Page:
That works out to about $20 per user in cost and became a negotiations point. A special license type was suggested at a very low cost per license that allowed read-only privileges to a very limited number of SAP transaction codes. This was an example of a win-win.
By being prepared, the customer proactively presented their case for a certain price level, and presented the non-automated alternative.
Set up active monitoring to remain prepared
You need to give SAP the evidence that you have control of this situation.
This means that you have processes and tools in place to assess your exposure, and you have a methodology for how to deal with unlicensed indirect usage.
By setting up advanced software tools that monitor prospective compliance issues periodically (i.e. weekly or monthly), and by having the ability to show full transparency of your usage data and licensing to SAP, they will walk away more comfortable that your future negotiations and annual LAW audit submissions will reflect the use of these processes and tools.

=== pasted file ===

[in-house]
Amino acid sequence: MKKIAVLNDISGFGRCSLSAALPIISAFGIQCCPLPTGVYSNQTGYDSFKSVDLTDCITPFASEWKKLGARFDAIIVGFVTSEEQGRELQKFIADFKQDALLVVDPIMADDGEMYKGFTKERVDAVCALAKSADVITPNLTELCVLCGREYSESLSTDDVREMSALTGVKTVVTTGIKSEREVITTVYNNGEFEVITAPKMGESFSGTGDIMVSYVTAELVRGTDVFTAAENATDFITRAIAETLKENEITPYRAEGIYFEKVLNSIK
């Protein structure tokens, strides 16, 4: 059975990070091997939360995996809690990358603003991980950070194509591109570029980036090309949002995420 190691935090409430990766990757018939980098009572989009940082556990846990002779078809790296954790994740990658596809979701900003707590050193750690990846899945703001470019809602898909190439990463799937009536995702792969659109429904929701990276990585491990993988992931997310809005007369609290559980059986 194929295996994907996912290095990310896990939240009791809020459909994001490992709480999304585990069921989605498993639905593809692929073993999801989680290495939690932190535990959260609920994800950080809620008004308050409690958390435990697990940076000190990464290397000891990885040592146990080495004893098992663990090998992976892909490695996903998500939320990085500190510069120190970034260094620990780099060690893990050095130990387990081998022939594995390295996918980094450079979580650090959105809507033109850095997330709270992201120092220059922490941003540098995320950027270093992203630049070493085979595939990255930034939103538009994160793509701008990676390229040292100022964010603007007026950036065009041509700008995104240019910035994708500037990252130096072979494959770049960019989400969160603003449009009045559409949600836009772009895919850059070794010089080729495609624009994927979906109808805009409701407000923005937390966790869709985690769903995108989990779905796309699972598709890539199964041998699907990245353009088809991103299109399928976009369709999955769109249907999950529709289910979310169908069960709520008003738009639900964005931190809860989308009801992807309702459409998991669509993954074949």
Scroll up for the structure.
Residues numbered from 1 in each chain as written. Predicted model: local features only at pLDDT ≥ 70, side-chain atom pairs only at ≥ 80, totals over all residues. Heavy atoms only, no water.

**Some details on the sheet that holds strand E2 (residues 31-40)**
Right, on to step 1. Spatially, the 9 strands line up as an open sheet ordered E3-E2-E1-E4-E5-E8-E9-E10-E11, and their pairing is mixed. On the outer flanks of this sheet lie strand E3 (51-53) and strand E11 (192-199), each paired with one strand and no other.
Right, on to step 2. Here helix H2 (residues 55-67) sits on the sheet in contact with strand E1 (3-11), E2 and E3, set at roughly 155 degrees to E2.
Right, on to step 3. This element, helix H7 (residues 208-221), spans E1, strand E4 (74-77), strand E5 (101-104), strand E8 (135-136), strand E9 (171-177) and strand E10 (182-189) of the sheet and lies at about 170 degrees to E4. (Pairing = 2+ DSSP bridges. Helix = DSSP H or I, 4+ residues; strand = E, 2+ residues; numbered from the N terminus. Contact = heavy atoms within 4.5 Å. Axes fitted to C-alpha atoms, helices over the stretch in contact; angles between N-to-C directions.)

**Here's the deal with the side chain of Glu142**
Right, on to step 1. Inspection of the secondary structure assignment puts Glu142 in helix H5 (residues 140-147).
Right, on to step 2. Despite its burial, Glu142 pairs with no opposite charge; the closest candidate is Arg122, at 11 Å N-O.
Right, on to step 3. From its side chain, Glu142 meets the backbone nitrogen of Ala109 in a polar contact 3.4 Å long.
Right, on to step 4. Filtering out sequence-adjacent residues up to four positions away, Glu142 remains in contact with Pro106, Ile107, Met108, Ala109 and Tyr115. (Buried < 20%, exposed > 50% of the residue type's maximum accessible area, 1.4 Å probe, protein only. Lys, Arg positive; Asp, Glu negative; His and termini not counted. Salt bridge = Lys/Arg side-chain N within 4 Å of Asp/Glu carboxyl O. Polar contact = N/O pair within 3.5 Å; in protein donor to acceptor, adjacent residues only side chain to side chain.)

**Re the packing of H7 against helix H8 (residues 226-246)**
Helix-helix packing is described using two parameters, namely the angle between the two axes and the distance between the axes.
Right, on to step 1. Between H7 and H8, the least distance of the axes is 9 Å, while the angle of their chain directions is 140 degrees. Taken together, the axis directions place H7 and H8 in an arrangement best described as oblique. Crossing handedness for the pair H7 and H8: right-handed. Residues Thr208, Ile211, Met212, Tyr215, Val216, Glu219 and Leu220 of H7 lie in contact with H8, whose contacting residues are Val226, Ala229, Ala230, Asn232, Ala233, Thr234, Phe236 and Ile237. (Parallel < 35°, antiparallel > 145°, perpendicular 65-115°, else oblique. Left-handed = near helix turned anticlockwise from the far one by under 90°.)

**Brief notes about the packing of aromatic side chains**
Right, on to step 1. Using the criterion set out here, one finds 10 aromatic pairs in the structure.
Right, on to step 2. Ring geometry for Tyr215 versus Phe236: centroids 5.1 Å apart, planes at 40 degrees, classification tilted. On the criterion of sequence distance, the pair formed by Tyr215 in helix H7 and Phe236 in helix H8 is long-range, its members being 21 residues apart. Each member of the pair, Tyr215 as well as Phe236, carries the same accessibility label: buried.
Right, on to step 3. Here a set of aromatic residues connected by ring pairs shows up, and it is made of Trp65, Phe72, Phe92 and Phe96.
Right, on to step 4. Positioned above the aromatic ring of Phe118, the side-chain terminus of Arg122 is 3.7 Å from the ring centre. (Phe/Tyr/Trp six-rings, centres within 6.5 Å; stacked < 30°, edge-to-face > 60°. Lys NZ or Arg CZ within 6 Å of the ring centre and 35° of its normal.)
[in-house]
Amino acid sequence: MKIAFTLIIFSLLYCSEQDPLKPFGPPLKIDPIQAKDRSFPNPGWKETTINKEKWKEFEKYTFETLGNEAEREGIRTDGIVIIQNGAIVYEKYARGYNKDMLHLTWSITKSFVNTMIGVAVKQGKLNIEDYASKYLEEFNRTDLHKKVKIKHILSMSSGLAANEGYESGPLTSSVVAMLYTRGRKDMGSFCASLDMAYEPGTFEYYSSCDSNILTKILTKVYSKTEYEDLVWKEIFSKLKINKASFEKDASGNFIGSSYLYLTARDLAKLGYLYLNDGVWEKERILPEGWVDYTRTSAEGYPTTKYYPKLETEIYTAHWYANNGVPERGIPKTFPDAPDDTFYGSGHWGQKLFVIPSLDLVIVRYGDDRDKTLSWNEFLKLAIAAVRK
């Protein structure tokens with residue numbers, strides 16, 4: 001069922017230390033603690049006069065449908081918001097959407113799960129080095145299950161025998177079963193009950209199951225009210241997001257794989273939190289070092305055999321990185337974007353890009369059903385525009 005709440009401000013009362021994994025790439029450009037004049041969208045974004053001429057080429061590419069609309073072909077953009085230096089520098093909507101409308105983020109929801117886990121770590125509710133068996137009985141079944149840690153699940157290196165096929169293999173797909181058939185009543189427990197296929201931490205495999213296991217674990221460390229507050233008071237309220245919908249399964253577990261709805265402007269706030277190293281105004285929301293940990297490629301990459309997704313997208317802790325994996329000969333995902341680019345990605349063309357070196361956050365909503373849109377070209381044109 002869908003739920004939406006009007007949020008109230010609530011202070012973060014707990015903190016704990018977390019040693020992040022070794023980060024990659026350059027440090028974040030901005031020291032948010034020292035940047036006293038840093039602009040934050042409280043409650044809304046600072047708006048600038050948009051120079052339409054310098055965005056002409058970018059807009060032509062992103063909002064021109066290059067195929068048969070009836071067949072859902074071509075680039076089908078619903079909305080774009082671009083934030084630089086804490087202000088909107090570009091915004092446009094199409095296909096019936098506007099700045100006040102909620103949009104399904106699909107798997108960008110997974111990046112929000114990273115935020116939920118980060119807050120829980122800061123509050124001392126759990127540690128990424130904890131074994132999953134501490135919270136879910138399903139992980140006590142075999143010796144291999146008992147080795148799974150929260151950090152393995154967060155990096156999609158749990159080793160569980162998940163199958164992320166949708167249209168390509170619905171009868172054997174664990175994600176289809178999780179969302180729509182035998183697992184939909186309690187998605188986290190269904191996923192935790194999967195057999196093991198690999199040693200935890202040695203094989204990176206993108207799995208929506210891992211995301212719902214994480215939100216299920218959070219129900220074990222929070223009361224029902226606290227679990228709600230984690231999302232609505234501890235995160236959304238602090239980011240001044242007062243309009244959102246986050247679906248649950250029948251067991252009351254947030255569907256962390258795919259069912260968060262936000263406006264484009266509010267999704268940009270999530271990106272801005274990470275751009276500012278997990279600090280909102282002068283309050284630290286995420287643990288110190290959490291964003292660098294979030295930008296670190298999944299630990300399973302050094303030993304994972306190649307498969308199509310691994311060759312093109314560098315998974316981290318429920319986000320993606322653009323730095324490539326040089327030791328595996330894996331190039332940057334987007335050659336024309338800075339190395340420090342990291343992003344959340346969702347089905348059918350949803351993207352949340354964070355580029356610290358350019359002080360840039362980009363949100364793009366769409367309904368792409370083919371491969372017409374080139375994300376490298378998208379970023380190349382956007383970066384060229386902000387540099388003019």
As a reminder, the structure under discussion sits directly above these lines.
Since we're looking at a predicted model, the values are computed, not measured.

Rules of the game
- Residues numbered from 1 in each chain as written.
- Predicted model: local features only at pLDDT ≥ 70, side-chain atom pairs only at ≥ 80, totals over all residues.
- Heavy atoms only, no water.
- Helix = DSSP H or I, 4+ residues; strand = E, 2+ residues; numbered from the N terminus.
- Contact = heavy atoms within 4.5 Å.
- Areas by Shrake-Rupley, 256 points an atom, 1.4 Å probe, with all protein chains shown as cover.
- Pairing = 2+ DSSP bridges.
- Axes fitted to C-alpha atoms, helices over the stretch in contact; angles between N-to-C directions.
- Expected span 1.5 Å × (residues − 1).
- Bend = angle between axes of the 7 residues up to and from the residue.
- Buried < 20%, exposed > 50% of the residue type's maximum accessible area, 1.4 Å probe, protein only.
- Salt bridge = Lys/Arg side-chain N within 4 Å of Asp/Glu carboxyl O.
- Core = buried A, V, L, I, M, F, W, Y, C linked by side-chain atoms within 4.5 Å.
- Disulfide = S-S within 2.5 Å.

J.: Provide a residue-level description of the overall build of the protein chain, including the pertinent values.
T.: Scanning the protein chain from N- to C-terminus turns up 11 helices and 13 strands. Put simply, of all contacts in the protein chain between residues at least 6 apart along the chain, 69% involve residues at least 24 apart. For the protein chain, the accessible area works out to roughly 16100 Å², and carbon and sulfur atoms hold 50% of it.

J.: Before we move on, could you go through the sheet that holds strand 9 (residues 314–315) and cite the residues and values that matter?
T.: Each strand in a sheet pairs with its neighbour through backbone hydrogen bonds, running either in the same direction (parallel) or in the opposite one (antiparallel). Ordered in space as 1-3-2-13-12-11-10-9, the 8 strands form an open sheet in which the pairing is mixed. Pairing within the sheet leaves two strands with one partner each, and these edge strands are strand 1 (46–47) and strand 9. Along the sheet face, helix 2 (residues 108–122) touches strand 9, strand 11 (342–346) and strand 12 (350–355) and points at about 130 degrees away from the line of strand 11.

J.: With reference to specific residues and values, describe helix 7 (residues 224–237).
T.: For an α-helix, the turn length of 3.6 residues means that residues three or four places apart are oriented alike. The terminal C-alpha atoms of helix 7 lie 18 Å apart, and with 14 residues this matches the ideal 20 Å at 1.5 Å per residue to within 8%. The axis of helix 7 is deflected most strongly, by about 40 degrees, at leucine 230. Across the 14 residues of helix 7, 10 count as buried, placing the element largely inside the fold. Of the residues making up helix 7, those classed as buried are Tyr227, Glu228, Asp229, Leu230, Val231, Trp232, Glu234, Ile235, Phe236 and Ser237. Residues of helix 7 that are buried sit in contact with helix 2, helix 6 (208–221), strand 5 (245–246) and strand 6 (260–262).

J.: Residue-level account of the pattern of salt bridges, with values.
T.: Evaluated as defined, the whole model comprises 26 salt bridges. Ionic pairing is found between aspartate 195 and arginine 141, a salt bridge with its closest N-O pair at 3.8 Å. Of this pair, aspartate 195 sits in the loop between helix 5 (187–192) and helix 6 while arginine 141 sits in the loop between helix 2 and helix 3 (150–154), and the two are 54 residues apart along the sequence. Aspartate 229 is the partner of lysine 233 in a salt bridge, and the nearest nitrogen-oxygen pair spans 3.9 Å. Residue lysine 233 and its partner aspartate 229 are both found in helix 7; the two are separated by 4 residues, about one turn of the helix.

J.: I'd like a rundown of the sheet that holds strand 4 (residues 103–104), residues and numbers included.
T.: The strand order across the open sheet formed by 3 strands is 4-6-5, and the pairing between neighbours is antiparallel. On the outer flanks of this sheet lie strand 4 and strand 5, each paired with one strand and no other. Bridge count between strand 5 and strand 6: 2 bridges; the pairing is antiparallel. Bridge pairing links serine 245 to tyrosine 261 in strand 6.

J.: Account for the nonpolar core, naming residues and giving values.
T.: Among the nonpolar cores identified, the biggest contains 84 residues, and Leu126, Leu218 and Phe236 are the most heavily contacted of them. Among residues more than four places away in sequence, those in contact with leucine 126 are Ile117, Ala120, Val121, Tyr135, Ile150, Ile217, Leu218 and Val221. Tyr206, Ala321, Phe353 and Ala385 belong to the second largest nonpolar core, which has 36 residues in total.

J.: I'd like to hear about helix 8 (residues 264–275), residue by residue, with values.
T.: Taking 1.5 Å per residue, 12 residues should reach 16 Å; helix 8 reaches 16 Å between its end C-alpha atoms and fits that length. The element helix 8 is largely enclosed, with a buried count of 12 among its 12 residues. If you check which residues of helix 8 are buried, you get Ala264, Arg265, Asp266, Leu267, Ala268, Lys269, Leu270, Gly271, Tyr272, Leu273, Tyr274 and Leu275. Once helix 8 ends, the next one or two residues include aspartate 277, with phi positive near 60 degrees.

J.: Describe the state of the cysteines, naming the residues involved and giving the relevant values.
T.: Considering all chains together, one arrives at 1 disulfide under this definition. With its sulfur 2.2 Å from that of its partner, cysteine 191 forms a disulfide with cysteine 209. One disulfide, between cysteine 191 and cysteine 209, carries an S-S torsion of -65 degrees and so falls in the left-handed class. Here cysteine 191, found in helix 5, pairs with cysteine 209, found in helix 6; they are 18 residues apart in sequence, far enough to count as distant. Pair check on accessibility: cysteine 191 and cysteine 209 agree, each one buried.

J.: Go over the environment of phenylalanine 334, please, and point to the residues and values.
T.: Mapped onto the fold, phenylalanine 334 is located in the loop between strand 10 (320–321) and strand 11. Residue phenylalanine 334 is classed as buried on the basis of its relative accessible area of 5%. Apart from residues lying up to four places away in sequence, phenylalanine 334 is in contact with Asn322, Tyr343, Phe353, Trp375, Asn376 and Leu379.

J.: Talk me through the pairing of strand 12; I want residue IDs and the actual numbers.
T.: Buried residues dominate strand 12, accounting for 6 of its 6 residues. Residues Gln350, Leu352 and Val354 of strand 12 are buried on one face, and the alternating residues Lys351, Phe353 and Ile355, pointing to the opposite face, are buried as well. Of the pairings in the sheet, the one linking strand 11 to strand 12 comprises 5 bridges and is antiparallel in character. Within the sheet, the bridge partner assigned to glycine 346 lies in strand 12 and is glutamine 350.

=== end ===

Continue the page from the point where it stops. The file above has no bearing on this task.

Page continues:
Once you begin pro-actively managing your SAP licensing – both direct use and indirect use – then SAP will have confidence that the self-audit data is a fair representation of your licensing usage. Consequently, they will see less financial merit in coming on-site and digging deeper into your SAP usage looking for prospective compliance violations.
This will go a long way to elevating the future discussions with SAP to a more longer-term strategic one.
Consider your five year plan with SAP
Mapping out with your SAP Architects and business unit managers the future requirements from the SAP platform and investment is critical to your success in negotiating your best negotiation strategy and outcome.
SAP has a vested interest in making HANA adoption more pervasive, especially within the ECC/ERP area rather than its predominant footprint in analytics.
If the inclusion of HANA or S/4 is on your longer-term road map, then SAP should be fully appraised of this in the negotiation process.